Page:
How overfishing affects ecosystem?

How overfishing affects ecosystem?

Do you know the date of World Ocean Day? We mentioned a word “overfishing” in the last blog. In this blog, we are going to take a deeper understanding of what overfishing is and how it affects our ecosystem.

What is the definition of overfishing?

Fish stocks are overfished when too many fish are caught and there are not enough adults to reproduce and maintain healthy populations. Overfishing is not confined to the oceans; it can occur in any type of water body, regardless of if it is a lake, river, or basin. It is a manifestation of resource exhaustion and can decrease holistic biological stock levels. Overfishing significantly affects biodiversity and thus alters ecosystems.

What leads to overfishing?

1.Mismanaged fisheries

While the negative impact of overfishing at both economic and environmental dimensions is well aware, it continues unabated due to poor governance and management of fisheries. Fishing regulations on the high seas are inadequate and existing regulations are not usually enforced.

2.Fishing is a vital part of many cultures

A lot of people believe that fishermen like us are only small-scale anglers and do not affect the quality of the waters or even the ecosystem. But fishing had already become an essential part of many cultures. Species like salmon and trout are the favorites of anglers. This tends to disrupt the ecosystem of local waters, thus emitting shock waves and even impacting microbes such as plankton. These microorganisms are the basis of the ecosystem in local waters and are responsible for the production of oxygen. With a lack of natural enemies, microorganisms like phytoplankton grow wildly, leading to the production of toxic chemical compounds by harmful algorithms.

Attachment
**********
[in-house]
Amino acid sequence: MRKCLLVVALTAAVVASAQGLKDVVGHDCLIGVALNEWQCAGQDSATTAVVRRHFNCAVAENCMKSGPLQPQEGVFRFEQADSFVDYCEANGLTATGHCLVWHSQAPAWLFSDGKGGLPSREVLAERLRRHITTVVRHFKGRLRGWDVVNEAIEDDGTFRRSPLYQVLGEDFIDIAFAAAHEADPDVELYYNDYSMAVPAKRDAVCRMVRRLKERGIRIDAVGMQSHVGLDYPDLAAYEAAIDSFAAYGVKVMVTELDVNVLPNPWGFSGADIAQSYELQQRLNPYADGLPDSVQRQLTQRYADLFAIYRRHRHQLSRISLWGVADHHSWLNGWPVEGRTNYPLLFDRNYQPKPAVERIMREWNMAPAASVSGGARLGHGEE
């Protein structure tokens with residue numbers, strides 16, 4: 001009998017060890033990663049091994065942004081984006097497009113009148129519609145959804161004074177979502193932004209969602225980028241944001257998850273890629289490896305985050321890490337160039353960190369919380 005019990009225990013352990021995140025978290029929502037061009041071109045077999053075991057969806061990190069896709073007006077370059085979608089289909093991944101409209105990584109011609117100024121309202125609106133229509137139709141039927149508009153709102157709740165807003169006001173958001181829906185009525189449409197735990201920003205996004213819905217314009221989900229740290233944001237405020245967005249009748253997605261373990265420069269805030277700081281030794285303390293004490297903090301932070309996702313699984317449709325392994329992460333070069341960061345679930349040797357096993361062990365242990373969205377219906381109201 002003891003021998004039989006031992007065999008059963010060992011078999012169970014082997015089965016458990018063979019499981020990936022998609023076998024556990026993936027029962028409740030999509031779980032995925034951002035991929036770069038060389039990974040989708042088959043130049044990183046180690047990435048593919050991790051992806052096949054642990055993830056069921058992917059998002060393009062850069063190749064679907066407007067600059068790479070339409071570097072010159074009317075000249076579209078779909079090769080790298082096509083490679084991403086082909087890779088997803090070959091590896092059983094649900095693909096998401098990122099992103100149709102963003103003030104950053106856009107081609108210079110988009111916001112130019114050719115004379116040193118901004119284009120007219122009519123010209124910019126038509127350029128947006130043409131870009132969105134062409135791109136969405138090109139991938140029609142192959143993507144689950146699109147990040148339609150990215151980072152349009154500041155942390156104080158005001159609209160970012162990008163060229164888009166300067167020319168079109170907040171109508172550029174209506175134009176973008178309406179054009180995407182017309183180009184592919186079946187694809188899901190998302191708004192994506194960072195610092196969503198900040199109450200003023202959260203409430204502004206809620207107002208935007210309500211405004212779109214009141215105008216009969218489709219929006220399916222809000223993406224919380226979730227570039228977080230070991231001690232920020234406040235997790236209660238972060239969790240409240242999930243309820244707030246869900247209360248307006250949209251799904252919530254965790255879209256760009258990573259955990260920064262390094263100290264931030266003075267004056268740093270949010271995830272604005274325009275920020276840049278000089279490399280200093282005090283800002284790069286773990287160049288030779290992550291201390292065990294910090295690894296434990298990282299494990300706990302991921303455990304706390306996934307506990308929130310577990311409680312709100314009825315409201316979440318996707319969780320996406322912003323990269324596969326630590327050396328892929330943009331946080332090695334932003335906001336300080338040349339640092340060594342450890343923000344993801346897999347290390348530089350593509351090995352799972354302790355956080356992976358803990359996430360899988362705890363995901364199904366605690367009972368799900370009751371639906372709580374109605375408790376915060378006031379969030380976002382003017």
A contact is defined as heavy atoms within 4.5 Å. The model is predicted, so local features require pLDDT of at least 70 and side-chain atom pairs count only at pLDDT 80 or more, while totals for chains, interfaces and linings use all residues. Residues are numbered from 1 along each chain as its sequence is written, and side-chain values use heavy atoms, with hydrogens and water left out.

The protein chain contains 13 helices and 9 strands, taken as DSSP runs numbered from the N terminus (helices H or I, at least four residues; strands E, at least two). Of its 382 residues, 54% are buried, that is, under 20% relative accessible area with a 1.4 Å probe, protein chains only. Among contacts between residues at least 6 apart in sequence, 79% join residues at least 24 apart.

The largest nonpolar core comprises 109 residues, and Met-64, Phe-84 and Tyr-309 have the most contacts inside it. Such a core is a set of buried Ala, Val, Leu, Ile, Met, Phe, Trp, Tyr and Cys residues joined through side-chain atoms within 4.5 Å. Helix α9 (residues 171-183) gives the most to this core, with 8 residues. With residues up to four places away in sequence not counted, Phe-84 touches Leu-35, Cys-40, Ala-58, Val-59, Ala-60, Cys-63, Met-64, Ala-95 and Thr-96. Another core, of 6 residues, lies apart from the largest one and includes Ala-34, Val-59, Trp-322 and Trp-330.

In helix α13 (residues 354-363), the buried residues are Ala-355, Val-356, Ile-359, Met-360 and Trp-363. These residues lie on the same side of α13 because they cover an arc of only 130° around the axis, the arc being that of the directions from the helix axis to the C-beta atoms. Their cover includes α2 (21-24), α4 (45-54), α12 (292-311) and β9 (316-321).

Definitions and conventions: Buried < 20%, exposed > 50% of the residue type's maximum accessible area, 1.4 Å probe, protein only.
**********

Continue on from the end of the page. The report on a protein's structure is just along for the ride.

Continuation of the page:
How overfishing affects ecosystem?

Overfishing has changed the food chain. If a particular species becomes extinct due to overfishing, animals that are reliant on that species as a food source may be exposed to starvation, or may turn to eat other sorts of fish, which will change the whole ecological system and the food chain. Because each of these species has an essential role to play in sustaining the well-being of the places they inhabit.

A fishing approach called "bottom trawling" will scrape the bottom, which is devastating to sponges, cays, and other creatures making up the habitat for marine life. This damage destroys the ecological system's innate function.

Herbivorous fish is usually caught when using nets to collect fish on cay reefs. Having an abundance of fish living on cays will keep the reef healthy. If overfished, then there is less marine life on the reef, which means that cays are more vulnerable to extreme weather conditions and climate change, such as increased water temperature that causes the cays to die, due to water circulation and thus damage to the ecosystem.

How to solve this problem?

Increased scientific awareness and education - Fisheries, retailers and consumers need to be conscious of the true costs associated with such large-scale consumption of marine species. A lot of people don't realize the lasting devastation that overfishing creates to our seas, marine life and vital submerged ecosystems.

Regulation and rectification- Fisheries are in need of being regulated and adhering to standards designed to do as little injury and damage as possible. Retailers and consumers have to be aware of those guidelines and hold fisheries accountable. Practices in extended-line fishing, bottom dragging and dynamite fishing have to be controlled, if not prohibited altogether.

After the science of overfishing, we return to the first question in the opening paragraph, do you know what’s the date of World Oceans Day? It’s June 8th.

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